SCENERY PAINTING FOR THE AMATEUR MUSICAL THEATRE and PANTOMIME
Extracts from....."PAINTING SCENERY FOR THE AMATEUR STAGE"
|Continued from previous page....
Amount of stage space each scene will take? i.e. are any of them front cloths when scene changes can take place behind?
Any permanent flats; wings; cloths? (I.e. not changed during the show)
Any permanent painted borders? (Lighting person will probably get grumpy about
Any scenery to surround the orchestra? An orchestra "pit" often appears as a last minute extra once the scenery gets into the hall.
Costume colours? (In amateur productions probably not know until it's too late to effect your choice of colours)
Does the producer want a colour theme running through a particular scene? (or even the whole show)
List the elements in each scene which MUST be included.....Items referred to by the actors, or called for by the action, such as .... the picture on the wall; the bridge in the forest; a sign above the bar; etc.
And confirm where these items have to be placed.
|THE THEATRE/HALL TIMETABLE|
|Date of "Get in."
Date of technical rehearsal
Date of dress rehearsal
Date show starts
Who used the hall/theatre before us. Are we going to be struggling to get in whilst they are struggling to get out?
Are we going to be struggling to get in whilst they are struggling to get out?
|When are the cast to rehearse on the stage? i.e. when is
it free for you to get onto the stage to paint. (Allowing also time for
the paint to dry before letting the
cast loose near it.)
This may seem a bit early to be asking that, but being forewarned helps you decide what you can leave to be pulled together when the set has been erected on the stage.
|WHAT TO LOOK FOR AT THE HALL/THEATRE|
|Now lets go and have a look at the place where the show is
to take place. Anyway it's always politic to make yourself known to the
key holder; receptionist; etc.
If you are also the designer than a visit to the theatre/hall came well before any meetings, production or otherwise. But for this booklet I'm assuming all!! you have to do is paint the scenery.
This chapter continues in the book but I haven't time to transfer it all here.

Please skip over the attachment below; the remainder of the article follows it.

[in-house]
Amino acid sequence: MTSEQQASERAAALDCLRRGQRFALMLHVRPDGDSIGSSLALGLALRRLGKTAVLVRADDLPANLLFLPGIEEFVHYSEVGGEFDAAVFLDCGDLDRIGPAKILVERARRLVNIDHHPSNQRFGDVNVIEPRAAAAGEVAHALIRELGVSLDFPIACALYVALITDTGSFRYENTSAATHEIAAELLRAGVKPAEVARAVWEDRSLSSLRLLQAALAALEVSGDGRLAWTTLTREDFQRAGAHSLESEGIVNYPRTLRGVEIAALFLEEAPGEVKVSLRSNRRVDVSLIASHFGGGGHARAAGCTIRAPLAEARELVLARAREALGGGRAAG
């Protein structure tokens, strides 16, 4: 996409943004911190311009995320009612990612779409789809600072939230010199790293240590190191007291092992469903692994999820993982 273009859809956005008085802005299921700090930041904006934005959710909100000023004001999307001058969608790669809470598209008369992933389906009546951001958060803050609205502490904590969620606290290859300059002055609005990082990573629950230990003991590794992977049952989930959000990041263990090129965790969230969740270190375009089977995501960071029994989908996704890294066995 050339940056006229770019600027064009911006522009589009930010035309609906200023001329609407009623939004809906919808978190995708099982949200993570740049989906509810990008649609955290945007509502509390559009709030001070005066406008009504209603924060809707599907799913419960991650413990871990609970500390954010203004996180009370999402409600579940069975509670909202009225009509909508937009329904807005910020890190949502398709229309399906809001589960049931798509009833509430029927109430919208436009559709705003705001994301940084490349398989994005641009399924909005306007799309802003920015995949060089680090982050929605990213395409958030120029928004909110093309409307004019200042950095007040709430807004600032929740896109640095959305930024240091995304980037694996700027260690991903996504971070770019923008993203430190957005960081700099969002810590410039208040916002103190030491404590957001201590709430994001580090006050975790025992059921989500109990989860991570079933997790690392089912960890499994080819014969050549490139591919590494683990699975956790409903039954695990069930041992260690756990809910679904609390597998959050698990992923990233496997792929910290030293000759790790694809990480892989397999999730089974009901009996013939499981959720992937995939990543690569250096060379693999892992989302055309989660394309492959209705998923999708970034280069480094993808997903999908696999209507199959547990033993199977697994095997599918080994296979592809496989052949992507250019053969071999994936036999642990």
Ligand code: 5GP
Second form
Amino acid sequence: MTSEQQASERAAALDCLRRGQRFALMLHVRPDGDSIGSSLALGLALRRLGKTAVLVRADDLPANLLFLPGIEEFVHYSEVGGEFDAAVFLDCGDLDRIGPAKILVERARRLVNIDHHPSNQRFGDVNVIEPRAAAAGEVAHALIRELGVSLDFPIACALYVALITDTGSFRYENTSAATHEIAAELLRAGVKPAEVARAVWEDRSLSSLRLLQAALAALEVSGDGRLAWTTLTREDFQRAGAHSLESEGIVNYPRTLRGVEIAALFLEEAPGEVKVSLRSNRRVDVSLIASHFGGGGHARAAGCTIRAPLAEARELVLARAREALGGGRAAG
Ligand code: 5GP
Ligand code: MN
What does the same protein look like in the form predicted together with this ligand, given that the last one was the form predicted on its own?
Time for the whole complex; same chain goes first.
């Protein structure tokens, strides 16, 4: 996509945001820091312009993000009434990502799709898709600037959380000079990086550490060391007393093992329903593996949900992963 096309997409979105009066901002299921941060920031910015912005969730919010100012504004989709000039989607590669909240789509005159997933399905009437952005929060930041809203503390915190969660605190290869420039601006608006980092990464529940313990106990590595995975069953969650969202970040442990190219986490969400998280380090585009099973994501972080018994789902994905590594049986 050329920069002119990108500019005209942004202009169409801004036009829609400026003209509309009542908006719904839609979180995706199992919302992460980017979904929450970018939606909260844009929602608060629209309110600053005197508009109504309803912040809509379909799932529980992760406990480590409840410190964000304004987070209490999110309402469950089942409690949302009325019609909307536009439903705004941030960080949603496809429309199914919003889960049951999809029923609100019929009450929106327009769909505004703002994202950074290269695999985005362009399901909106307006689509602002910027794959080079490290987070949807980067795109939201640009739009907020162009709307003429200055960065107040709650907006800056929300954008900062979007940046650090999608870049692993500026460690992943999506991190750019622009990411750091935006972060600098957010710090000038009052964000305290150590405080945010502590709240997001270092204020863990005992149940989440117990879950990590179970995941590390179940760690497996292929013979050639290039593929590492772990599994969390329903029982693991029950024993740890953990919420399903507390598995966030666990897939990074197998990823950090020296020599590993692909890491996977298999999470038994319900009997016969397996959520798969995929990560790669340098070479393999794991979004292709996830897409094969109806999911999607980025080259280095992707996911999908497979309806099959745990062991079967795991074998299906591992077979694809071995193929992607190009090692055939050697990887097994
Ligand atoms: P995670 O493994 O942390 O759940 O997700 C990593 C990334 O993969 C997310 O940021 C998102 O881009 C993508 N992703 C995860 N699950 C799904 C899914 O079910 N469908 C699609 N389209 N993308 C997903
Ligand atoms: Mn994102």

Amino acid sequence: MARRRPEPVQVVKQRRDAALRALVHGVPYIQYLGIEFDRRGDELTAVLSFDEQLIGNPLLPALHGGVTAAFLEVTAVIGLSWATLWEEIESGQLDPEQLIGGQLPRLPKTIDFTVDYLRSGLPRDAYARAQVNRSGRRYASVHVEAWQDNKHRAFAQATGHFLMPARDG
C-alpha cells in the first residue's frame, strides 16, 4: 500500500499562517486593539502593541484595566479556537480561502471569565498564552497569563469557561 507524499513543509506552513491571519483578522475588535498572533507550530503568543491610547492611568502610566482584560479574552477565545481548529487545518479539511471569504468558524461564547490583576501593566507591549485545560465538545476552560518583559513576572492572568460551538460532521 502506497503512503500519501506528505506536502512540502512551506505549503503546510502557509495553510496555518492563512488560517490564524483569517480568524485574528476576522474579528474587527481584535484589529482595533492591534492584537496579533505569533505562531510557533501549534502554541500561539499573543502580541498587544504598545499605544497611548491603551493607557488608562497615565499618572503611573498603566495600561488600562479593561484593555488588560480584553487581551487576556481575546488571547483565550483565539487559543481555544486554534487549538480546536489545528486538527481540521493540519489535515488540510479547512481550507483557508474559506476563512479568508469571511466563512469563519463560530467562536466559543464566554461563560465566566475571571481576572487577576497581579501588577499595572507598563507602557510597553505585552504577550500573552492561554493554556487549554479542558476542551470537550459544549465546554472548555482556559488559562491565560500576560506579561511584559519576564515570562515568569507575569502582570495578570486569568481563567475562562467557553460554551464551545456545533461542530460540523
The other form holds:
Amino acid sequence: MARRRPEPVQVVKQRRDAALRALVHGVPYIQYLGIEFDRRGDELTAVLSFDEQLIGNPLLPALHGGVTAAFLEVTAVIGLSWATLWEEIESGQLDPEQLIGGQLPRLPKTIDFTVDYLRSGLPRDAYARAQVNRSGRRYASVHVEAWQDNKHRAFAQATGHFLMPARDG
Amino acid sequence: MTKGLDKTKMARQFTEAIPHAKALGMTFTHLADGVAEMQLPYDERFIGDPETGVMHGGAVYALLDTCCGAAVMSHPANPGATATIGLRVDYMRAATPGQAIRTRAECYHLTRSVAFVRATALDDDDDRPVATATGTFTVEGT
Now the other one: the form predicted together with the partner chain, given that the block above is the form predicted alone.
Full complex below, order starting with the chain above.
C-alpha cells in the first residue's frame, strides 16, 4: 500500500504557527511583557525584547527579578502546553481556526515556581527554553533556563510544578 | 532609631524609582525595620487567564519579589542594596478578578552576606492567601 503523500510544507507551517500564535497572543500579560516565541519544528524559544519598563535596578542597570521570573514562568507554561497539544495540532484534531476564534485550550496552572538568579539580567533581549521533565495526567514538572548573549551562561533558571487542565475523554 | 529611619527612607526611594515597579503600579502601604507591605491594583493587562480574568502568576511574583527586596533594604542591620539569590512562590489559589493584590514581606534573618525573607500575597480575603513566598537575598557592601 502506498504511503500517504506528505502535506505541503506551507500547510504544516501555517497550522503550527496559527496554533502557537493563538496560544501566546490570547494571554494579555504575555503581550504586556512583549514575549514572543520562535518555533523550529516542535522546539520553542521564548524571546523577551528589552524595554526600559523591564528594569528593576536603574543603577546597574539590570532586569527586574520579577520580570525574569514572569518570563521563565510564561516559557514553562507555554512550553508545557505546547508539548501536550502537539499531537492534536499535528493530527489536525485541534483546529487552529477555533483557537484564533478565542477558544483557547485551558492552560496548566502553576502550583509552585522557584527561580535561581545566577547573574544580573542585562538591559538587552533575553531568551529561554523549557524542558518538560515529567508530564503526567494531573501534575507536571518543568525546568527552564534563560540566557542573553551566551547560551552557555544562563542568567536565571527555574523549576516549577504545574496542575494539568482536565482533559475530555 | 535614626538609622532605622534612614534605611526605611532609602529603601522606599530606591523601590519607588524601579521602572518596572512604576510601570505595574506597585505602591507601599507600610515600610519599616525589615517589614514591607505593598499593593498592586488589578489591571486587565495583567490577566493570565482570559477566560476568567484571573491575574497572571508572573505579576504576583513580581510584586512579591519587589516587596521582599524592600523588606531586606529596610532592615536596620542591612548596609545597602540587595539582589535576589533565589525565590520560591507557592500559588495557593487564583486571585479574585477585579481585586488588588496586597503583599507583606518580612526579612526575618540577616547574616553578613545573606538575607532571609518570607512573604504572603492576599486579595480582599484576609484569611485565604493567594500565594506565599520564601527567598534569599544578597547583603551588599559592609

|CHAPTER TWO ARTWORK (The first page only)|
|The ideas in this section, although concentrating on backcloths,
apply equally as well to flats and ground rows.
Preliminary work varies from group to group. Sometimes I am presented with a complete scale model of all the sets required together with working drawings. At other times I do all the preparation work. Groups differ in who does what.
WHAT ELEMENTS ARE IN THE SCENE?
For me, the first stage in the drawing process is to write down on a large sheet of paper all the possible elements that could go into a scene.....Let's take the Panto "Village Green". I will write down things such as ....... thatch; dormer windows; diamond window panes; roses over the door; pond; stocks; pub sign; etc. (Not forgetting of course the items I know have to be put in as they are an integral part of the story.... "King John's Castle in the distance" type of thing.) From this list I then fiddle about for days trying out ideas- I don't put in every item from my list. However I eventually come up with a plan of sorts, including the wings as well of course.
|As in "Easel Art" in order to show depth I rarely have items flat-on to the audience. An angle gives you an excuse to have different planes "lit" differently in your scene. You can have even more optical fun by designing the corner of, say, a "barn" on a Wing which, in its turn, is set at an angle to the audience.|
|<< Back to list of chapter extracts|
|<< Back to previous page.|
|<< Back to list of stage sets.|